CL Bledsoe


The way the acorn huddles in fear, the oak
withholds light from the sapling, sucks
up water to keep it from growing too quickly—
the oak isn’t even registered to vote, but here
you are blaming it for robbing its children. 
It’s hard to work up a good hatred for the world 
if you never go outside. The little things, birds
dying on the ground, fallen from their nests.
Children drinking contaminated water in
just about every major city. But that’s just
the poor. Don’t worry. I’ll throw a pie so
we can all laugh nervously. Soon. Also, 
the stump still watered by its neighbors,
the pheromones released as one is being
invaded by pests so others know to harden.
The important thing to remember is that
we’d have to chop them all down to build
a guillotine big enough to behead God. 



If your life is full of shit, there must
be a pony somewhere. This is not
to say one could ride it clear without
the proper equipment and training. 
And those things bite. The problem
with papercuts is they’re too shallow
to bleed us thoroughly, which is often
the same complaint about poetry. 
I would just like to smell better than 
my father, without sniffling and having
a headache all day from cologne. Open
the windows. Drive fast and try not 
to get a ticket. Stop to look at any dogs
you pass. I was never one of those little
girls who wanted a pony. I never could
figure out what it was I loved in the world.
I was always too afraid someone would 
see me hiding and ask, so I never came
up with an answer. They keep telling me
there will be flowers growing from all
this some day. I don’t mention that I
have allergies. No reason to appear rude.   

Lack of Coordination

The problem is one of coordination,
as in who gets to wear black, who
will carry the scythe? Keep some time
open on your calendar for a revolution,
also, you need an oil change. Whatever
happens next is up to whoever can run
the fastest or convince the bear to eat
someone else. Let’s make a list 
of everything that isn’t our fault. Start
with our birth. That’s also the end. Don’t
let’s be average. At very least, remember
that no one gets out of this alive. Except,
probably, some rich guy at some point.
You will never be rich, but that doesn’t
mean you can’t taste their hearts.  



In order to normalize terror, they introduced me
to its sister, Mary Belle, who has 2.7 kids, volunteers
for her church, and keeps a lovely flower garden.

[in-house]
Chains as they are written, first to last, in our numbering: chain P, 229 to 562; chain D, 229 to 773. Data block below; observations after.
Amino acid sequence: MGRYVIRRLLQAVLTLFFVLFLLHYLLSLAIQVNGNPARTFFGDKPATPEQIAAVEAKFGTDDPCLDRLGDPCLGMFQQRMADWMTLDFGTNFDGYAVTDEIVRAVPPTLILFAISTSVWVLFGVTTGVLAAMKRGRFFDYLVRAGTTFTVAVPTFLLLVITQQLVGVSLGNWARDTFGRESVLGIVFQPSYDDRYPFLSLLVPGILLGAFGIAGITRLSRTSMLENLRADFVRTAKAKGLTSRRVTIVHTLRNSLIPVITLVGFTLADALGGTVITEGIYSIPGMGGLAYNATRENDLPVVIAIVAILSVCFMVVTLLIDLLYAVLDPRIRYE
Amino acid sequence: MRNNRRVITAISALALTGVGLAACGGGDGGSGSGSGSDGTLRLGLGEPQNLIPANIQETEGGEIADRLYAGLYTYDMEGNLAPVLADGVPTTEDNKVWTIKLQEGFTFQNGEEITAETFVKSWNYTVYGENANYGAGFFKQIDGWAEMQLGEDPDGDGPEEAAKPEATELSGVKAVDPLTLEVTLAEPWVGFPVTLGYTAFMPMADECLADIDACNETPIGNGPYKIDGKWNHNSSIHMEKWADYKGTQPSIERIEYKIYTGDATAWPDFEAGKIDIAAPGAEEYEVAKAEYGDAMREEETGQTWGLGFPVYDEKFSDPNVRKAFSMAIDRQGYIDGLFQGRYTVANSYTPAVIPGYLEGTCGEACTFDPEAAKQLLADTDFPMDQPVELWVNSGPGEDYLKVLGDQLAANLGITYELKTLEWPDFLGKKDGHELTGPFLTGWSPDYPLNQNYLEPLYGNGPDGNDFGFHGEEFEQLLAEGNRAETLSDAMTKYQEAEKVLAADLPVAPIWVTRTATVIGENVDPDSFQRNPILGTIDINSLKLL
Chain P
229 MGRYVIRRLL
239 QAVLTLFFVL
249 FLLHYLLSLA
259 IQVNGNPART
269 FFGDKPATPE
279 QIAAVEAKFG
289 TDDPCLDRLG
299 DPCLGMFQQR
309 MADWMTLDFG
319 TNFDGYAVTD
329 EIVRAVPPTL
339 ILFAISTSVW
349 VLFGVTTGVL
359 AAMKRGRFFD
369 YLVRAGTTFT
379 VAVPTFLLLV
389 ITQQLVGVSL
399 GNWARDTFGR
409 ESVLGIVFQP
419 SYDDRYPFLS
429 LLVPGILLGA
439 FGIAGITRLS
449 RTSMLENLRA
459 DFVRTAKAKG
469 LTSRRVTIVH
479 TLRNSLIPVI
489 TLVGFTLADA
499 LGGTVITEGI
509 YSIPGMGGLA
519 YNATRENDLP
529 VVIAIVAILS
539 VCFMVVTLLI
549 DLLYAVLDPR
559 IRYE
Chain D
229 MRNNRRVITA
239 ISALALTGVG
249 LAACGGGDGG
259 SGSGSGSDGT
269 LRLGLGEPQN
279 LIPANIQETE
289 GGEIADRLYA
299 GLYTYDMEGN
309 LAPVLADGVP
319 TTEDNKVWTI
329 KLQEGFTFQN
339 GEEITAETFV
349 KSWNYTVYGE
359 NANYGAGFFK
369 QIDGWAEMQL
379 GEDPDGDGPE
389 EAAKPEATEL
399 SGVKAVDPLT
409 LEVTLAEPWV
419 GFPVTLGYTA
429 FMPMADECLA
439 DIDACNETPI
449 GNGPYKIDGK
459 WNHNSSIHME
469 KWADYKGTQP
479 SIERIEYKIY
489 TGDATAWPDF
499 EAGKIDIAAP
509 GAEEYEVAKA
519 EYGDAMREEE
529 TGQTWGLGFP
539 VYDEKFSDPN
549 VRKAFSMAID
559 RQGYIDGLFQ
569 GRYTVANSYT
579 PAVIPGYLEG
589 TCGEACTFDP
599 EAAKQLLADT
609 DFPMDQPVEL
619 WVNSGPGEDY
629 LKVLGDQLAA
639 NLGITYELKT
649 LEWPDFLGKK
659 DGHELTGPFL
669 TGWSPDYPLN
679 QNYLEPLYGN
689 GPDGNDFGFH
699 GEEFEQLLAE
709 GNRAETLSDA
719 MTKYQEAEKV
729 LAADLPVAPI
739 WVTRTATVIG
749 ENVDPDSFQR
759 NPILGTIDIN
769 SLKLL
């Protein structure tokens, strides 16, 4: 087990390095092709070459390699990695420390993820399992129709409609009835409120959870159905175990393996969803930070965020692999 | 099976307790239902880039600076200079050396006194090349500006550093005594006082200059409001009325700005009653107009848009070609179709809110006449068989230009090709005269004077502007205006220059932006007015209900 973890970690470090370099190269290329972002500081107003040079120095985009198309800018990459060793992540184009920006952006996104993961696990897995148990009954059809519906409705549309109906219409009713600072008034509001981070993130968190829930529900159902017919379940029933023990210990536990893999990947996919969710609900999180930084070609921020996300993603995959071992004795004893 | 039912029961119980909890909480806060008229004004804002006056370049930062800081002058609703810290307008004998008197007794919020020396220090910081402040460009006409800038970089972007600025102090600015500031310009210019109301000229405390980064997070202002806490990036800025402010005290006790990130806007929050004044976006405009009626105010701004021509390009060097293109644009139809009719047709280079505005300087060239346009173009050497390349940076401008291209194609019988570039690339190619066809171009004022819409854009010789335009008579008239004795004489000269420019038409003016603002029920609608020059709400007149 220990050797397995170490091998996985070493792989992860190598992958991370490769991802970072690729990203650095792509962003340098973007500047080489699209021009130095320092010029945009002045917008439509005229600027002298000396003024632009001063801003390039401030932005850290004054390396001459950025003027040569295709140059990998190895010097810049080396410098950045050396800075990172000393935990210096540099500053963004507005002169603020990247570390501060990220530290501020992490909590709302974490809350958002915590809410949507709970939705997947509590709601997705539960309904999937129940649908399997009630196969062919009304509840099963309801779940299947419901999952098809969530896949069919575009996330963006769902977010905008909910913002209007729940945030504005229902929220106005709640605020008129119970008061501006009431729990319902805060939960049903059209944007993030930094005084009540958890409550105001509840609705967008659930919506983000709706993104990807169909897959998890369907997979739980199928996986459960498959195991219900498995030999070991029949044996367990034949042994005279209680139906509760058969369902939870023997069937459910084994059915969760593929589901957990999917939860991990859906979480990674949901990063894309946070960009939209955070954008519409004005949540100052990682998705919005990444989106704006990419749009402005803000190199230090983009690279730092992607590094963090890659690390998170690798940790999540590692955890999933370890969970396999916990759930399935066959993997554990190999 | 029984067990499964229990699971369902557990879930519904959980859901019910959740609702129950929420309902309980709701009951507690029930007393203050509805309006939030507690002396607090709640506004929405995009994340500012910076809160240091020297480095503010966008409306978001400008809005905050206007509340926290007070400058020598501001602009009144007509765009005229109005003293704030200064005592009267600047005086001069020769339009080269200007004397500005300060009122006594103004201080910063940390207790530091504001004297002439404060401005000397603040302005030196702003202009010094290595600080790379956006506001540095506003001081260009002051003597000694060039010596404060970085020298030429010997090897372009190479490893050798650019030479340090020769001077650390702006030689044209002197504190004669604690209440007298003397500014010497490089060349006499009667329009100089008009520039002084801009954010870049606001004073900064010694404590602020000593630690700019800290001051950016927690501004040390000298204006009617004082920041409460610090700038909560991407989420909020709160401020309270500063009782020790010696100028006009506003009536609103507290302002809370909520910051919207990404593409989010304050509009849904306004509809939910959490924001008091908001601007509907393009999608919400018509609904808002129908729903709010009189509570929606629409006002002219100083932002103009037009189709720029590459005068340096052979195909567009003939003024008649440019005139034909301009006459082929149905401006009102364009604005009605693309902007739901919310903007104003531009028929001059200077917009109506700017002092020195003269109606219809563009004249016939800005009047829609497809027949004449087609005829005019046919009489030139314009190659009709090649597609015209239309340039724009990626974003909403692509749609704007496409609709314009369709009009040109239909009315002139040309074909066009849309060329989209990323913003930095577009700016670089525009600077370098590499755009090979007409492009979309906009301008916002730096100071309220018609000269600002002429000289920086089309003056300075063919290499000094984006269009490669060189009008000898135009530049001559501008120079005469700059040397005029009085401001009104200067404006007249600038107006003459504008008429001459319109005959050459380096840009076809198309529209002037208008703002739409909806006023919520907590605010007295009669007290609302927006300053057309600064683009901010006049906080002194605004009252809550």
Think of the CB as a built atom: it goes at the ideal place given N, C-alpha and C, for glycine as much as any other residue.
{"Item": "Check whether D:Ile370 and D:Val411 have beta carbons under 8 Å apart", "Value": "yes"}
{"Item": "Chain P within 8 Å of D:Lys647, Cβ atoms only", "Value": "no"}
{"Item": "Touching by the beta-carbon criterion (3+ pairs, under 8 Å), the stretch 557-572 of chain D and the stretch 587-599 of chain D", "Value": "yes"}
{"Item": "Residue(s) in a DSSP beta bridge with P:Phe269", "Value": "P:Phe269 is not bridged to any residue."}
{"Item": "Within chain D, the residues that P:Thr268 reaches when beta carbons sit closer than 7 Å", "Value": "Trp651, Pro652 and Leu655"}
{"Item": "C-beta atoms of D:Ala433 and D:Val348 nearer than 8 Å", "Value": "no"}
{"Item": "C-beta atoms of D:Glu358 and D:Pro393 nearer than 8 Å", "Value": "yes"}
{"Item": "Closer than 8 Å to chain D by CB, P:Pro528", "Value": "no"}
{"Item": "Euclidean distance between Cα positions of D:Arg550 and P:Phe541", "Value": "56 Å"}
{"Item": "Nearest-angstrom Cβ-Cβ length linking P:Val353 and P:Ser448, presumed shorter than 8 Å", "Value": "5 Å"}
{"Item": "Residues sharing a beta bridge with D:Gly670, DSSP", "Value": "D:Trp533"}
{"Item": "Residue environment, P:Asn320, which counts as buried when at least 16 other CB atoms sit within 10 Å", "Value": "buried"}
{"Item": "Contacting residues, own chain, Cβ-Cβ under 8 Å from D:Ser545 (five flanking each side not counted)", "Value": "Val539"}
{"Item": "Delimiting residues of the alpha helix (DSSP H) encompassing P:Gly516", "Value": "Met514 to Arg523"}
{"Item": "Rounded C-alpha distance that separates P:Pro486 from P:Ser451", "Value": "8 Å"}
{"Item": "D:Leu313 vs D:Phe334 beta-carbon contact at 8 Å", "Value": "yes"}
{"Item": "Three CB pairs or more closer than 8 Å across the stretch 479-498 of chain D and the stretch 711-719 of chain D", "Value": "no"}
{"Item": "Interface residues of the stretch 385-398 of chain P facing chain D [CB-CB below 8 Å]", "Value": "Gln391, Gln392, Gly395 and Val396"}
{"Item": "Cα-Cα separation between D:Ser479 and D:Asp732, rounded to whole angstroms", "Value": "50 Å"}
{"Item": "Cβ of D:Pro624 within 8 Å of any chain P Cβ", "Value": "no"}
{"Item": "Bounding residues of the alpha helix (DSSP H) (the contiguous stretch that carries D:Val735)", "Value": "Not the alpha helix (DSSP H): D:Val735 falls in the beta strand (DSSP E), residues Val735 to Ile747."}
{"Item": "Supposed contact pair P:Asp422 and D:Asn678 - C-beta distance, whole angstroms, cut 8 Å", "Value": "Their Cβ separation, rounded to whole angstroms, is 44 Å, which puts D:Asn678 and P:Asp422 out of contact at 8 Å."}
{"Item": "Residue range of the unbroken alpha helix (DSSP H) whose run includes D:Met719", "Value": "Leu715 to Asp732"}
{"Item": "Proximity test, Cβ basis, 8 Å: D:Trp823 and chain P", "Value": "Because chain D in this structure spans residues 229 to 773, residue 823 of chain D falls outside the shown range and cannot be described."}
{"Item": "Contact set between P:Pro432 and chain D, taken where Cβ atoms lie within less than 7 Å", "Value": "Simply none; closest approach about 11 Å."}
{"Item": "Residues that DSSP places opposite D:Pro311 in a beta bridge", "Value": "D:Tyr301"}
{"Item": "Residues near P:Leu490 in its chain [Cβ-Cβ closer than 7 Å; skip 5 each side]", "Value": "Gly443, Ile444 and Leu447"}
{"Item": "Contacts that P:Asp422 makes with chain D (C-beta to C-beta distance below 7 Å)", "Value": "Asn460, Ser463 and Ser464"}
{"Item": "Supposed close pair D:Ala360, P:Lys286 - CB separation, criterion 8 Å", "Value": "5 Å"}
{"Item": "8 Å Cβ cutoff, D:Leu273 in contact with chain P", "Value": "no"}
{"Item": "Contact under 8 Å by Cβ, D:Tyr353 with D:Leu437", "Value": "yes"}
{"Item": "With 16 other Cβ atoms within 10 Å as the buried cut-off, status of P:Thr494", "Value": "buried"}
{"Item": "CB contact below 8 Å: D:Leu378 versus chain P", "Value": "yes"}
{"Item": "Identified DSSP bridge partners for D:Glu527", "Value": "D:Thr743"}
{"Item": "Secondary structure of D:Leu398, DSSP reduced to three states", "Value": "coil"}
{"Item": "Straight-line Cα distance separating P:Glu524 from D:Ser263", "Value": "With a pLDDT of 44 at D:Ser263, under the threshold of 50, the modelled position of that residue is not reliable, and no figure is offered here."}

Across the street, terror’s neighbor Jim is throwing
a party. We are all invited, as long as we show proof
of citizenship. It would be rude not to bring
a six-pack. Terror will put in an appearance 
when Jim lectures the hotdogs about their proper 
place inside the white buns. I’m surrounded 
by craft beer, redone kitchens, eye shadow. 
The Christians are comparing guns. I brought
Jim a flak jacket for his Bible. I could tell
by the look on his face he already had one, though.   

That Eternal Farm Upstate Where All Our Dead Pets Live

There’s no reason to be ashamed if you break
down at odd hours, remembering the lives
you set aside in order to sulk in the dark. 

It wasn’t your fault.

The great fingerprint in the sky put its dirty
digit on your brain and shorted out the wiring.
You did the best you could to see past
the electric ants whose bellies never get full.

Who the hell doesn’t wish they could redo
some days? Accountants never get into heaven.
At least there’s still a market for the robe makers.
Someone in a funny hat, with a funny smile, 
someone who hasn’t worked a hard day in their
not-hard lives. There’s no hand to take your coins,
but what you wouldn’t give to run
your fingers through that winter day’s soft fur

one more time. 

Raised on a rice and catfish farm in eastern Arkansas, CL Bledsoe is the author of more than thirty books, including the poetry collections Riceland, The Bottle Episode, and his newest, Driving Around, Looking in Other People's Windows, as well as his latest novels Goodbye, Mr. Lonely and The Saviors. Bledsoe lives in northern Virginia with his daughter.
previous page     contents     next page


Post a Comment

<< Home